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Treating Posterior Tibial Tendon Pain

Treating Posterior Tibial Tendon Pain

by Chris Williams
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With peoples new found liking to active lifestyles, walking and running for fitness has become a trend. Some people also walk a lot at work or on their daily commute. Regardless of the reason people are on their feet often now a days. Even with the advances in technology and the availability of cars have becomes more open to more people, there are still some who would commute and walk daily to alleviate themselves of the ever increasing price of gasoline and also take advantage of the health benefits of being physically active. Injuries however are a downside of the active lifestyle and is something that can strike us at any time and cause a huge problem.

Say for example, during one of your jogs or walks home you notice some unusual pain in your feet that weren’t there before. If you notice pain in the food or in the arch of the foot specifically, this is usually accompanied by a stiff ankle and swelling in the tendon area, you may have gotten posterior tibial tendon dysfunction. Other symptoms that you may feel include a popping sound when walking which also comes with a bit of soreness when touched. This condition can get worse from here, in some cases it lingers for a long period of time and often enough to make walking, running, and jogging difficult because of the pain. This sets us back in a lot of ways, physical activities become things we avoid and fear because of the notion that it may be painful.

Posterior tibial tendon dysfunction is a common foot and ankle ailment. This ailment comes in the form of inflammation or tearing at the posterior tibial tendon. This specific tendon is what attaches the calf muscle to the bones located on the inside of the foot. The posterior tibial provides support when walking and is expected to hold up the foot arch when walking. When the tendons no longer support the feet the ailment worsens and results to flatfoot. In most cases the condition is treated using orthotics or braces and does not require surgery.

Posterior tibial tendon dysfunction at times root from damage to the feet, landing flat on your feet when falling or jumping is one example of how it can be damaged. The condition however is also something that can happen over time and due to overuse, being constantly engaged in physical activites like jogging or running and in sports that require running such as soccer, tennis, or basketball. The constant strain on the feet may bring about inflammation or tearing of the tibial tendon which causes the arch to fall over time. Being overweight, having hypertension, or diabetes may also put you at risk of getting posterior tibial tendon dysfunction.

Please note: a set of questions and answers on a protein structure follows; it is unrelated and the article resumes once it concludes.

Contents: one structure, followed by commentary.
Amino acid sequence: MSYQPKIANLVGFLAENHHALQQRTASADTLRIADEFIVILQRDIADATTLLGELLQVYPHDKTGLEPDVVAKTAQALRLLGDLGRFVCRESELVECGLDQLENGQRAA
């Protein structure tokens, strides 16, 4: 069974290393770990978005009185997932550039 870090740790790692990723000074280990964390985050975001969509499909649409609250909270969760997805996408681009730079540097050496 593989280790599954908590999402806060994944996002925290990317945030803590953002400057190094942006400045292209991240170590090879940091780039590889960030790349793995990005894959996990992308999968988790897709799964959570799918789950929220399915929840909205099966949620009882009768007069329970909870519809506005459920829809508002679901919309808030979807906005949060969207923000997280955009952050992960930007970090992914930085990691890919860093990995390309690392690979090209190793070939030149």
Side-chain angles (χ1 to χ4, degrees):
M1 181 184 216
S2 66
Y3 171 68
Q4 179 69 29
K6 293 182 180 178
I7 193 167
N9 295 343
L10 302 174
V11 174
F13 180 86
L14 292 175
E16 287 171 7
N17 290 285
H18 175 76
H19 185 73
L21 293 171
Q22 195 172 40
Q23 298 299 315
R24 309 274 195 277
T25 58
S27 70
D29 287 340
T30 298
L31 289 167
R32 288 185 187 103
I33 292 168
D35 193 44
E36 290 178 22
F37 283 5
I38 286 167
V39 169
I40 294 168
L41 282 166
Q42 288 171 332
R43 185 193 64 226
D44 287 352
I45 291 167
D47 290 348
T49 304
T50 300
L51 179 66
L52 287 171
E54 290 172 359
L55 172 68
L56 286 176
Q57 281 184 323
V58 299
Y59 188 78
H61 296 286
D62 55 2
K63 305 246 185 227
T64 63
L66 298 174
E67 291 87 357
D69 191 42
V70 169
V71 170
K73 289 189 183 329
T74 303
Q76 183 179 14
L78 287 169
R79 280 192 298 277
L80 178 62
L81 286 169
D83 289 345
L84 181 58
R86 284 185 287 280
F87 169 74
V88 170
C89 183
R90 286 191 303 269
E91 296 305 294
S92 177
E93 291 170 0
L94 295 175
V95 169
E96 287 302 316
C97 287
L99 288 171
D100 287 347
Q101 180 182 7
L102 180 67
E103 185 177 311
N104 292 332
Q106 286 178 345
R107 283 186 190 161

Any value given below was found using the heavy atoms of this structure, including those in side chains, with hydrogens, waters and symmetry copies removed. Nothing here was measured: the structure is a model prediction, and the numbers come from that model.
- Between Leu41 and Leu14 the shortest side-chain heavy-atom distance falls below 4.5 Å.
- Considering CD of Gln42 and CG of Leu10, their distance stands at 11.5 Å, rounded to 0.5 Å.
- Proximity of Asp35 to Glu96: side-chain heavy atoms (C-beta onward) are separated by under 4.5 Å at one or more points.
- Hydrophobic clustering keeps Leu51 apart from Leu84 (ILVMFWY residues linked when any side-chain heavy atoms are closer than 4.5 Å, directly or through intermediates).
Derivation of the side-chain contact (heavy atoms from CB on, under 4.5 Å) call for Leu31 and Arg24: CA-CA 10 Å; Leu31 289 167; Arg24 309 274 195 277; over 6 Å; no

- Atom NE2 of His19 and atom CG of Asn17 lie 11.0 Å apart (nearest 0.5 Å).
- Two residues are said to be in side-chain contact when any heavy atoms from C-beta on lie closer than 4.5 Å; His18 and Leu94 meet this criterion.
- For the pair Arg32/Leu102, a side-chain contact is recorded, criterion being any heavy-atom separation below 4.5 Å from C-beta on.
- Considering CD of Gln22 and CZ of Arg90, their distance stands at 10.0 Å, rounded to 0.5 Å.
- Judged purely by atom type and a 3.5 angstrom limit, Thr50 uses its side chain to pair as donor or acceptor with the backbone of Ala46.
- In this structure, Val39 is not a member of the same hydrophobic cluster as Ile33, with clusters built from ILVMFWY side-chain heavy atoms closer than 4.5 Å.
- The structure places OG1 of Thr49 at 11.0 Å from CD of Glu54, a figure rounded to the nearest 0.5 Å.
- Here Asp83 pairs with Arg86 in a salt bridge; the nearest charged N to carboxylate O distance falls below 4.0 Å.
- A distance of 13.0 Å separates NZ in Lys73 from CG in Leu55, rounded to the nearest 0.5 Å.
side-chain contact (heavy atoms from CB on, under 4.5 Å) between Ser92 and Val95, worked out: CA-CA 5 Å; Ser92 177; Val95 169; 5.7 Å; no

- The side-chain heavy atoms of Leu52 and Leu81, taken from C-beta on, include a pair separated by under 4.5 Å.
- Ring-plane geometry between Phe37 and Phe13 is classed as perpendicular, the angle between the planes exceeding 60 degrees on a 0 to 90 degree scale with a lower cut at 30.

When dealing with posterior tibial tendon dysfunction, one of the first things to do is to stop ignoring the pain. Don’t run or walk the pain off as it may only make the condition worse. There are ways to rehabilitate your feet. This process is done in phases, as such make sure to check with your physician about your condition so that the progress can be monitored.

Exercises To Help Manage Pain:


The tibial tendon acts as a stabilizer for the feet, similar to steel cables supporting a bridge from falling when pressure or weight is applied to it. As such strengthening exercises are important for making sure that the support it provides is always ample. Stand in front of a wall with one food forward and one back. Make sure to keep both feet flat on the ground and stretch the calf of the rear leg and hold the position for 30 seconds. Repeat this three times with the knees straight then again with knees bent before moving to the other leg.


These exercises increase muscle endurance that becomes much more heightened with posterior tibial tendon dysfunction. They should be done with low resistance and always using the proper shoes and orthotics, the up and down motions should be done slowly and carefully. Inversion, eversion and dorsiflexion can be done daily, gradually building up to 200 repeats can be done over time with a weak theraband. Remember that all of the motion should come from the ankle and always be careful not to roll the leg. Putting a towel under your foot can also be done to help create a smoother motion.


Stand on one leg and slowly raise yourself up, then carefully lower yourself in a controlled manner. This 10-20 times on each leg building up to 50 reps a day.


Walk in a straight line with ankles plantar flexed, and with heels high above the floor. Walk for about 8 to 10 yards is a good enough distance to start with and gradually increase the distance up to 100 yards as you progress.

Besides these exercises tradition methods can be used to manage the pain. Icing the affected area is always a good recommendation to control the inflammation and reduce swelling. The cold soothes the pain felt in the nerves in the area. Additionally, the use of compression garments while exercising helps the recovery process as it promotes blood circulation.


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